Cube's frustration with inequality in America led to his rushed decision in plugging with Trump. Yes, his decision-making was a result of his lack of knowledge, but moreso, Cube is desperate for a solution. As far as 50 Cent and Wayne go, if one has consistently paid attention to 50 Cent's music, then it's obvious that, as a street cat, 50 Cent is the type of hustler that would knowingly sell you a bundle of drugs with entirely too much cut on it. He came into the industry with "How to Rob," a song about robbing his well-known contemporaries. Yes, it's only a song, but the fact that he, a then-unknown rapper, would purposely stir controversy to get into the rap game is the sign of a grimy dude. As for Dwayne Carter, I didn't know that Black people still listen to Wayne's music. But, I'm even more confused as to why people would react to Wayne's political analysis. For the past twenty-plus years, the rapper who decided to become a member of the Blood gang after becoming a millionaire has been consistent with rapping about drug consumption, skateboarding and sex. Dude is nearly 40 years old, and his content hasn't changed since he was a member of the Hot Boyz during the late 1990s.  

Lyrics are like general conversations. One can pretty much gauge — although not fully — a person based on the content of his art. With this, Lil Wayne is a bozo hidden behind a supreme knack for wordplay. What type of grown man joins a gang after becoming a millionaire? 50 Cent is the hustler in your hood that you deal with only when it's convenient for you, because you know that he can be grimy. He cares about a dollar. He's literally been about "Get Rich or Die Trying" since the early 2000s. Cube really does care about the Black community. We may not agree with Cube's CWBA; we may not want him speaking for us. But his attempt to help came from an honest place. For over three decades, his content has been consistent with issues affecting Blacks.  

More importantly, as a nation of Blacks we are dealing with generations of job discrimination, attacks on the welfare state, public institutions, reproductive rights and the poor. There are generations of backlash on cultural and gender equality movements. As an example of how deep these issues run, in Michigan, local officials were replaced by Government appointed managers with power to fire elected officials without a vote. Also, Crawford vs. Marion County Election Board enabled Republicans to discourage unwelcome voters. This type of covert racist behavior didn't start with Trump. It's part of America's DNA. The country's deep-rooted issues will not disappear with one election, or even in one presidential term. And neither Cube, Fif', or Lil Wayne hold enough political clout or savvy to sway voters.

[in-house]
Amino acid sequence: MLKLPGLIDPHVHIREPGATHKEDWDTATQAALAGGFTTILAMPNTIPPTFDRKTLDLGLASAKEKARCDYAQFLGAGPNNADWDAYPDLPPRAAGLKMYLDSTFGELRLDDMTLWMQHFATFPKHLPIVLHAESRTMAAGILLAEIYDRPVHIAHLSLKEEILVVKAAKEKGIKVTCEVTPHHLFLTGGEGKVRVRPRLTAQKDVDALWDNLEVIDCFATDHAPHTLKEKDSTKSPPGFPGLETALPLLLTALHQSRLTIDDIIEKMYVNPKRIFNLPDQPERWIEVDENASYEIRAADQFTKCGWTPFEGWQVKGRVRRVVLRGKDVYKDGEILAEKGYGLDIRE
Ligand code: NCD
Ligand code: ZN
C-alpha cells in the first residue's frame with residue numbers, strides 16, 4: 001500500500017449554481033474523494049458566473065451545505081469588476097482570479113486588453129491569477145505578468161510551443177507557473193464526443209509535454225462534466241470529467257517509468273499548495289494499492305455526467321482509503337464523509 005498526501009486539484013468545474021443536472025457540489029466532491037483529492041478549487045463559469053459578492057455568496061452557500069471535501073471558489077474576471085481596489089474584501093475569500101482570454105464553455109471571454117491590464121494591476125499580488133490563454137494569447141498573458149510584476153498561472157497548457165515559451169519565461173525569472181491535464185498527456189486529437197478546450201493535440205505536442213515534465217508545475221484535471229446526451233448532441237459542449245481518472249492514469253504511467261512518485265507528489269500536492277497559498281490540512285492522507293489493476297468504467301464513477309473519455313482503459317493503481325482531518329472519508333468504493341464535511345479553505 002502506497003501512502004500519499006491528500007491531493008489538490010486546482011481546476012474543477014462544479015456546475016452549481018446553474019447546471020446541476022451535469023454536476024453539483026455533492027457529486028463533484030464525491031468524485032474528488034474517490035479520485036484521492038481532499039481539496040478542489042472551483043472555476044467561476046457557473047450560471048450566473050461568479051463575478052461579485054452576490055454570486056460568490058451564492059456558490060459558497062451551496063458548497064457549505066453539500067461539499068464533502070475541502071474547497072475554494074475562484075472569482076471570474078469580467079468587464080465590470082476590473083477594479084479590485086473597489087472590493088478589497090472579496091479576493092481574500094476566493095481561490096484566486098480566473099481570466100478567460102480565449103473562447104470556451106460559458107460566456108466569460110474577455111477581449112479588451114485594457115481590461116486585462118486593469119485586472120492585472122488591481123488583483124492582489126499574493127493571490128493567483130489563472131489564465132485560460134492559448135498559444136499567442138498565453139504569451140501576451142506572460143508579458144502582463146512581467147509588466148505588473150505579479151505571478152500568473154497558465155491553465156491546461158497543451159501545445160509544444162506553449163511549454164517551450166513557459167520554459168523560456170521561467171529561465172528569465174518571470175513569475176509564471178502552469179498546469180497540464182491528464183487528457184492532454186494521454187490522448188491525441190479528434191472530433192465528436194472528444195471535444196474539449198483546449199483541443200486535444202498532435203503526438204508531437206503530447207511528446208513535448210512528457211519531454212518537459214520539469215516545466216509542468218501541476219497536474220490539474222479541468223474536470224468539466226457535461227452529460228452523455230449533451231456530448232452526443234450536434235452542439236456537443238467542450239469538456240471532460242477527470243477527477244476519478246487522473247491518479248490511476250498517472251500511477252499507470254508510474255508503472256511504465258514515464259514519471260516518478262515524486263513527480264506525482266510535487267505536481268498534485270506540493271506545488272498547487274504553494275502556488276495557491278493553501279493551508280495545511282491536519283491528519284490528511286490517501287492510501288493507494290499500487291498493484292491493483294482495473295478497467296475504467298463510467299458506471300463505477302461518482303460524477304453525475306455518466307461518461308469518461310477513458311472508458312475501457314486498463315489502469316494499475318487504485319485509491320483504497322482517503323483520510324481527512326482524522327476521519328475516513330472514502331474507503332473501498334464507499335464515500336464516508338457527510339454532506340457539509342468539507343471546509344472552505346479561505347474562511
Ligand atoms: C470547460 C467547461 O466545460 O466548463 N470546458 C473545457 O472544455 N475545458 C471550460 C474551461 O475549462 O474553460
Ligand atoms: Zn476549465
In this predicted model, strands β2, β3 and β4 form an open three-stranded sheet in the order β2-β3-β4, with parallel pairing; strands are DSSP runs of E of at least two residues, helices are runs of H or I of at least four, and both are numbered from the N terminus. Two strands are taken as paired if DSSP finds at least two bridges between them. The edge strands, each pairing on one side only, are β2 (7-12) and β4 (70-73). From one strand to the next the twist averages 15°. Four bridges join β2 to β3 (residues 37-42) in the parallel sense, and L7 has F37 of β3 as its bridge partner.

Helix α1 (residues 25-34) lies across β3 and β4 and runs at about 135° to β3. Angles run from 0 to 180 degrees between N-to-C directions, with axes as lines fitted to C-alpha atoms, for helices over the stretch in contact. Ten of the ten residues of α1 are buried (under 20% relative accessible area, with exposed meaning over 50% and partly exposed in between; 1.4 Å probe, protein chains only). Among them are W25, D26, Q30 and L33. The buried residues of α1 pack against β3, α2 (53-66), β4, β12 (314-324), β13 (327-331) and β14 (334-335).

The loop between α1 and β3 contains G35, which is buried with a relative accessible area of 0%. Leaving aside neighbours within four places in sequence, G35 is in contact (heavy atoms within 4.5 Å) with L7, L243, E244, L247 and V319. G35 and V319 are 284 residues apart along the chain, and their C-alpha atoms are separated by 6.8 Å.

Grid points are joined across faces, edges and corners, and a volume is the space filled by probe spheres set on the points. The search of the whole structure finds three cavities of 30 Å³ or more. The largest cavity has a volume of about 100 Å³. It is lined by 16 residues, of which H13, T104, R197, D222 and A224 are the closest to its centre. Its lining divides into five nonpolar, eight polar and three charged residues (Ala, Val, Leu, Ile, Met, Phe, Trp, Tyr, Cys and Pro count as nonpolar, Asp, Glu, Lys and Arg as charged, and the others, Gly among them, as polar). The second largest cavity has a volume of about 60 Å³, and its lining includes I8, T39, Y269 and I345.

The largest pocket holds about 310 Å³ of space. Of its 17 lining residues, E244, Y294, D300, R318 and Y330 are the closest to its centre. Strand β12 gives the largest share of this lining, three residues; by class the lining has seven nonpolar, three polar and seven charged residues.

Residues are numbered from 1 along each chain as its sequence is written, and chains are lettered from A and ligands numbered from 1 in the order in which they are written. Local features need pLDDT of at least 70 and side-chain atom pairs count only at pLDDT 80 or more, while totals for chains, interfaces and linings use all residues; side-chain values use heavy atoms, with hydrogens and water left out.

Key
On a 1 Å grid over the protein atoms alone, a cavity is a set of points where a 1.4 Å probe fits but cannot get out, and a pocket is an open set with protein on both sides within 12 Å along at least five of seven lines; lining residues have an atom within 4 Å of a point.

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The one thing that Clinton, Bush, Obama and Trump have in common is that our living and economic conditions, as a whole, did not change. Prisons are still being built on the backs of Black people, and we are always left saving us. As a radical dreamer, I see a world where Blacks recreate, and build onto the examples of Bronzeville, Colored Town, Greenwood District, D.C.'s Black Broadway, and Harlem. These spaces thrived intellectually and financially. At the center of this success was a shared space between rich, wealthy, middle-class, working-class and poor Blacks. The intellectual and financial exchanges took shape among all classes, creating a flood of Black-owned businesses, and constant flow of money and progressive ideas. My radical dreams of a new renaissance — and there's definitely enough talent to begin a new renaissance — should not be confused with racial segregation, either. 

No, racial separation will not uproot America's problematic, and layered political system. But a new renaissance could definitely set forth  newfound energy, connecting lower-class Blacks with the likes of Mr. and Mrs. Johnsons, which could actually lead to an abolishment of our current political system. Unless America starts anew, working-class Blacks and grassroots organizers will continue to carry Black America on their backs, gaining victories only to continue fighting against broken promises.  


Darryl Robertson

Darryl Robertson is a former staff writer at VIBE, and graduate student at Columbia University studying African American history. He is especially interested in understanding how the Black Panther Party serviced Black communities during the late-1960s. His writing has appeared in Ebony, Billboard, XXL, Don Diva and Black Perspectives. Follow him on Twitter @dvrobertson88.